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RCAF F-18 replacement program the gift that keeps on giving

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posted on Nov, 25 2021 @ 10:54 PM
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The Canadian government has been trying to replace their F-18A/B aircraft for several years now, and about the only thing they've done is provide hours of entertainment for the people watching. In 2015, when Justin Trudeau took office, the planned purchase of F-35As was canceled due to cost concerns, and Trudeau said that the Canadian government would never buy the F-35. At one point, they planned to buy F-18E/Fs from Boeing as an interim measure, but then Boeing went to the WTO about the (now) A220 undercutting their 737 sales through unethical measures. So instead of buying Rhinos from Boeing, they bought worn out F-18A/Bs from the RAAF, as the Australian's retired them, again delaying the replacement program.

Recently, they opened bidding and the initial competitors were going to be the Rafale (Dassault), Typhoon (Airbus/EADS), Gripen (SAAB), F-35A (Lockheed), and the F-18E/F (Boeing). Dassault decided not to enter the Rafale because of requirements of close interoperability with US aircraft. Just before the bids were opened, the RFP was rewritten, causing EADS to withdraw completely, resulting in the F-35, Gripen, and F-18 being the only entrants, with selection to be in the spring timeframe. But in the latest twist, sources within the Canadian government are saying that Boeing's entry, the F-18E/F doesn't meet requirements for the program. This is going to almost guarantee that the service will, again, get the F-35A.


Boeing has been told that its bid to replace Canada’s aging CF-18s with a new fleet of the American company’s Super Hornet fighter jets did not meet the federal government’s requirements.


Three sources from industry and government say the message was delivered Wednesday as the other two companies competing for the $19-billion contract — U.S. defence giant Lockheed Martin and Swedish firm Saab — were told they met the government’s requirements.

The three sources were all granted anonymity because they were not authorized to discuss these matters publicly.

globalnews.ca...



posted on Nov, 26 2021 @ 03:48 AM
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Perhaps they should revive the Avro Arrow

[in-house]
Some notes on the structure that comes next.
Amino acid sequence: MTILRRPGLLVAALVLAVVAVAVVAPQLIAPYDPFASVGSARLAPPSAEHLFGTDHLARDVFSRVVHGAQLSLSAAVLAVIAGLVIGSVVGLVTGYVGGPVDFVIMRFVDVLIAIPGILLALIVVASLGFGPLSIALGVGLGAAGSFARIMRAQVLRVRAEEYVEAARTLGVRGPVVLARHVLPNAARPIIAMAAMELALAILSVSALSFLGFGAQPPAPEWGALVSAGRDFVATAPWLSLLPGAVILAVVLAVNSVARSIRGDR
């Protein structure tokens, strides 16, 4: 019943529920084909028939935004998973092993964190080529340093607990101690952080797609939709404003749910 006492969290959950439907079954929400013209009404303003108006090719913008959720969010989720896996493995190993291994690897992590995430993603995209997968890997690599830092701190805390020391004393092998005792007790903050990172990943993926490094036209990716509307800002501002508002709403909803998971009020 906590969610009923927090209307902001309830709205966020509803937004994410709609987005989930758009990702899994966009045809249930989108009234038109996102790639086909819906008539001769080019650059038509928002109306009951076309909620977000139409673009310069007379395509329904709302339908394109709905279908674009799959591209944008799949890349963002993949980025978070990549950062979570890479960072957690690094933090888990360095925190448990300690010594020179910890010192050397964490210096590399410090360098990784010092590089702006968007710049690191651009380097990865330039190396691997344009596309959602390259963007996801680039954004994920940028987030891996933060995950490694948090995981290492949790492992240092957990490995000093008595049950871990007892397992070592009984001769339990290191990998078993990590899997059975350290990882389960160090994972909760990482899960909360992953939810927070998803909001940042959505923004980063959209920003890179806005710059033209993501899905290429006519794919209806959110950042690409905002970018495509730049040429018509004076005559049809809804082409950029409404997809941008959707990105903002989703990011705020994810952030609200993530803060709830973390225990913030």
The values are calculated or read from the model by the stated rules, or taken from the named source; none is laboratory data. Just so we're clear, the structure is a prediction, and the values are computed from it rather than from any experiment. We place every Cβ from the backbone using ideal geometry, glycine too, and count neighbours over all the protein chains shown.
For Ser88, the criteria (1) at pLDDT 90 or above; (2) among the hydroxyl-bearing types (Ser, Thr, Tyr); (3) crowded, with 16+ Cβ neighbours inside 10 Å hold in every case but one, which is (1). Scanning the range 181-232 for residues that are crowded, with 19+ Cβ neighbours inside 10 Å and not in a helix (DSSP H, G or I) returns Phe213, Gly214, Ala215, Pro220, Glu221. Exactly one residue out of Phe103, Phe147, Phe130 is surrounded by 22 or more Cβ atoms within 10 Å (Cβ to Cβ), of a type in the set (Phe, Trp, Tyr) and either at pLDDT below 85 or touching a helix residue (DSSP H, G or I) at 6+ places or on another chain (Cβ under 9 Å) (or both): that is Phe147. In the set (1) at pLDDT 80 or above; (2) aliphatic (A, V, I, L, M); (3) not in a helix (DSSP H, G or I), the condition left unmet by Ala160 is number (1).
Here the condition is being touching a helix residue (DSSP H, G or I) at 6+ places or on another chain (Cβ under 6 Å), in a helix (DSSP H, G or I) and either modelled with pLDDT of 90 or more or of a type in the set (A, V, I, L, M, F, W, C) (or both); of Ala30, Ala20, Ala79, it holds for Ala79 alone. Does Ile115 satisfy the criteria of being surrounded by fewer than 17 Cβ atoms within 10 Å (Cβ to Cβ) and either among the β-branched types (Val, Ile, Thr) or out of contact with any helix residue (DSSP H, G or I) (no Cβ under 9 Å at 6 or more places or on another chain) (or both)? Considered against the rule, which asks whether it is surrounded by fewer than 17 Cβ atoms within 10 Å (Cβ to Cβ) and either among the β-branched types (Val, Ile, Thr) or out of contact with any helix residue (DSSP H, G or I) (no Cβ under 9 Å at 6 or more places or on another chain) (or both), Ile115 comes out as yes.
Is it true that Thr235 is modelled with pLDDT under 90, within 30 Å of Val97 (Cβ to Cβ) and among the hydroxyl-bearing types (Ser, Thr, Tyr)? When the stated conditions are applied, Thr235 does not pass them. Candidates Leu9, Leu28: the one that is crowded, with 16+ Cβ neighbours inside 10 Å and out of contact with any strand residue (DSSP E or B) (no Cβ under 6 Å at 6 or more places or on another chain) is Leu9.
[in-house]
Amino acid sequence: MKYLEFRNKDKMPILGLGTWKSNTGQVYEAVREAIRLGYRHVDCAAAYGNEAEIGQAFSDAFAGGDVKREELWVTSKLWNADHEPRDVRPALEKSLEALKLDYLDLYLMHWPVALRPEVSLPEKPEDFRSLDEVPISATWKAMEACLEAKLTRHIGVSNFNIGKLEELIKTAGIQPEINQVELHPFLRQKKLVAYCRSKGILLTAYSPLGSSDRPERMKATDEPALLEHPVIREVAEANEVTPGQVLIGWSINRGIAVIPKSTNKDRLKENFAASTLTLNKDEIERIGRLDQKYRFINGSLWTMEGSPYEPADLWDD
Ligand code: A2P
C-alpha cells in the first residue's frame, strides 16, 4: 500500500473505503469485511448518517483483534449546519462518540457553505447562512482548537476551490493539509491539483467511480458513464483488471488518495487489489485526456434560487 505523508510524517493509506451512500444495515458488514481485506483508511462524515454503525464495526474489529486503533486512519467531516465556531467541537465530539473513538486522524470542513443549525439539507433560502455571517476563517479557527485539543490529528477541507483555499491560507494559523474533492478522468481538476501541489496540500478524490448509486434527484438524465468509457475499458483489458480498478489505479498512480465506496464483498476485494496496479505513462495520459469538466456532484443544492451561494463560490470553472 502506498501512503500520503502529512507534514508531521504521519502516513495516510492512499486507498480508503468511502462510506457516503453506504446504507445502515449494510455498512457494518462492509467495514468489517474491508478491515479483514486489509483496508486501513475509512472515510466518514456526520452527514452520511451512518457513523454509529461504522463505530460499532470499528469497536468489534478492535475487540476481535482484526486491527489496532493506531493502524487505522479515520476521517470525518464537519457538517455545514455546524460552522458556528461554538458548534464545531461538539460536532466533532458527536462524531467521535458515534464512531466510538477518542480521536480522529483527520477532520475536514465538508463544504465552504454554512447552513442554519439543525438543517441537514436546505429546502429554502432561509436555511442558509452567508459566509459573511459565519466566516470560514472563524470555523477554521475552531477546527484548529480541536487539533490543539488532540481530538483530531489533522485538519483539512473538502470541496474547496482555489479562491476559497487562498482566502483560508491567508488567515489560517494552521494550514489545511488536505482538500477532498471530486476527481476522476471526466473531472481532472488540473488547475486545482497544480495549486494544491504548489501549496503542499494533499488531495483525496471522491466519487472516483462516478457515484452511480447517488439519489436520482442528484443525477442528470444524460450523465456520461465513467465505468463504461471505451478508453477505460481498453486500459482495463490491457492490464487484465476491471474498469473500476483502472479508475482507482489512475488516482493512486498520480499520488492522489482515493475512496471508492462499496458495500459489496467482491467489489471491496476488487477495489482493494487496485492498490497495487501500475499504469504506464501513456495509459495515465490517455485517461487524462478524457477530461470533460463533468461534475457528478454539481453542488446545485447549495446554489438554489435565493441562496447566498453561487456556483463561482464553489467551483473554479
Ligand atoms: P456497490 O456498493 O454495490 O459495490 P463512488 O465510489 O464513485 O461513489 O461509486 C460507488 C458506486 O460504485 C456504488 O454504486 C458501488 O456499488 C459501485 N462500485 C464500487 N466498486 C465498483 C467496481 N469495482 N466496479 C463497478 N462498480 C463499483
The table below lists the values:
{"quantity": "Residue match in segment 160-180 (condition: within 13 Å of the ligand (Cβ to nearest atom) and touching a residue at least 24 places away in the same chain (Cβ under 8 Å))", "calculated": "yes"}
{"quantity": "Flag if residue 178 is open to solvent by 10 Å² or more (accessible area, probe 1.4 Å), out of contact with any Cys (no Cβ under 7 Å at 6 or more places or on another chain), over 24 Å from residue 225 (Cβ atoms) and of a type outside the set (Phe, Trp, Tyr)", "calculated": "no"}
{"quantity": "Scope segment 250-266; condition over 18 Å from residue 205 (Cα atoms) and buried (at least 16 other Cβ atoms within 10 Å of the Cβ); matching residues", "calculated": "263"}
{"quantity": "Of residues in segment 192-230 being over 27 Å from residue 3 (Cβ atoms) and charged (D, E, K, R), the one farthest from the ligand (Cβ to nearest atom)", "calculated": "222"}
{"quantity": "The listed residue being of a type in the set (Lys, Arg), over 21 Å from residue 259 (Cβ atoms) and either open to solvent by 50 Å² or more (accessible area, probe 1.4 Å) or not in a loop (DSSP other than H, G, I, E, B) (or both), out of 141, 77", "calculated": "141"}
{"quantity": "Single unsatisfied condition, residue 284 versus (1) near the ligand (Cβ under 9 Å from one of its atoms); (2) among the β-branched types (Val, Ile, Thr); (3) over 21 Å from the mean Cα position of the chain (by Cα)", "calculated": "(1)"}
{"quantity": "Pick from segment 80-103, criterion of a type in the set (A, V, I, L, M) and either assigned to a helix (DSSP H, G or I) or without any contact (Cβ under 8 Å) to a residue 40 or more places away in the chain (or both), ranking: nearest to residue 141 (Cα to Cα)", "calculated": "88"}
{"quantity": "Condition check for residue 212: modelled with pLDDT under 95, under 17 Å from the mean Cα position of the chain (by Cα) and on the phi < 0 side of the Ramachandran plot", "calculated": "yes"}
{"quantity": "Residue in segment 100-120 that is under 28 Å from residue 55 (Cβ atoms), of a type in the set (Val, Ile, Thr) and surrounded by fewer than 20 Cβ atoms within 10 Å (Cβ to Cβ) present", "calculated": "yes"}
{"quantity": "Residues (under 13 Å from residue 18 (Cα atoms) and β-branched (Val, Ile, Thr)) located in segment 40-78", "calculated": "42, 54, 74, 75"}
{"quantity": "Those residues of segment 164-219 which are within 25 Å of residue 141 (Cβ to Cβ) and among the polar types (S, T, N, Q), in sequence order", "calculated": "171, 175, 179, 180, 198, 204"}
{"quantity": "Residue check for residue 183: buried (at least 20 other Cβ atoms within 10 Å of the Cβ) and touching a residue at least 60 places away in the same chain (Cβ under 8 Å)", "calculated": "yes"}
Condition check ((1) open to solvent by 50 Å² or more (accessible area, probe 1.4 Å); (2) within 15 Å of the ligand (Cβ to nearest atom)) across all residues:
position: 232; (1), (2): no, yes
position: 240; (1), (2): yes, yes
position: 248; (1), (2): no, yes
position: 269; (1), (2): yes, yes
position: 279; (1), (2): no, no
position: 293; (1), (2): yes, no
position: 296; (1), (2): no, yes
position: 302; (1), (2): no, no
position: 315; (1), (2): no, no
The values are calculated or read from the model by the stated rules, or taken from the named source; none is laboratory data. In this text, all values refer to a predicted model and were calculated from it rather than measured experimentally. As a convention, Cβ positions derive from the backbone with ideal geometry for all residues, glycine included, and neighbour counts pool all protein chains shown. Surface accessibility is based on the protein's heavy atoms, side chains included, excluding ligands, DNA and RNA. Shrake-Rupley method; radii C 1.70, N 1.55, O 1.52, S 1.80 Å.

Cheers



posted on Nov, 26 2021 @ 09:16 AM
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As I recall, a very big requirement when all this began was having a twin-engine plane. Now Canada has dropped all the twin-engine planes from contention. Seems like we are just being leaned on by Lockheed and the USA. (plus a little petty payback to Boeing thrown in for good measure)



posted on Nov, 26 2021 @ 09:32 AM
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a reply to: discordantone

Single engine planes are just as reliable and safe as twin engine planes. The requirement for two engines, because of long flights over open areas, no longer applies. The MTBF for engines has gotten insane.



posted on Nov, 26 2021 @ 09:43 AM
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a reply to: Zaphod58

Thanks for that.
I am no military buff but did remember that discussion of twin vs single engine back at the beginning of the process so it seemed odd to be left with just the single engine options. Makes more sense now
edit on 26/11/21 by discordantone because: typo fix



posted on Nov, 26 2021 @ 09:56 AM
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a reply to: discordantone

The F100-PW-229, after the Engine Enhancement Package is installed sees the time between overhauls increase from 4,300 cycles (engine start through any condition of flight to shut down) to 6,000 cycles. That's an increase of every seven years to every 10 years. There was a CFM56 engine on a 737 that went 50,000 hours on wing, and was only removed because it hit a required inspection and had to be.



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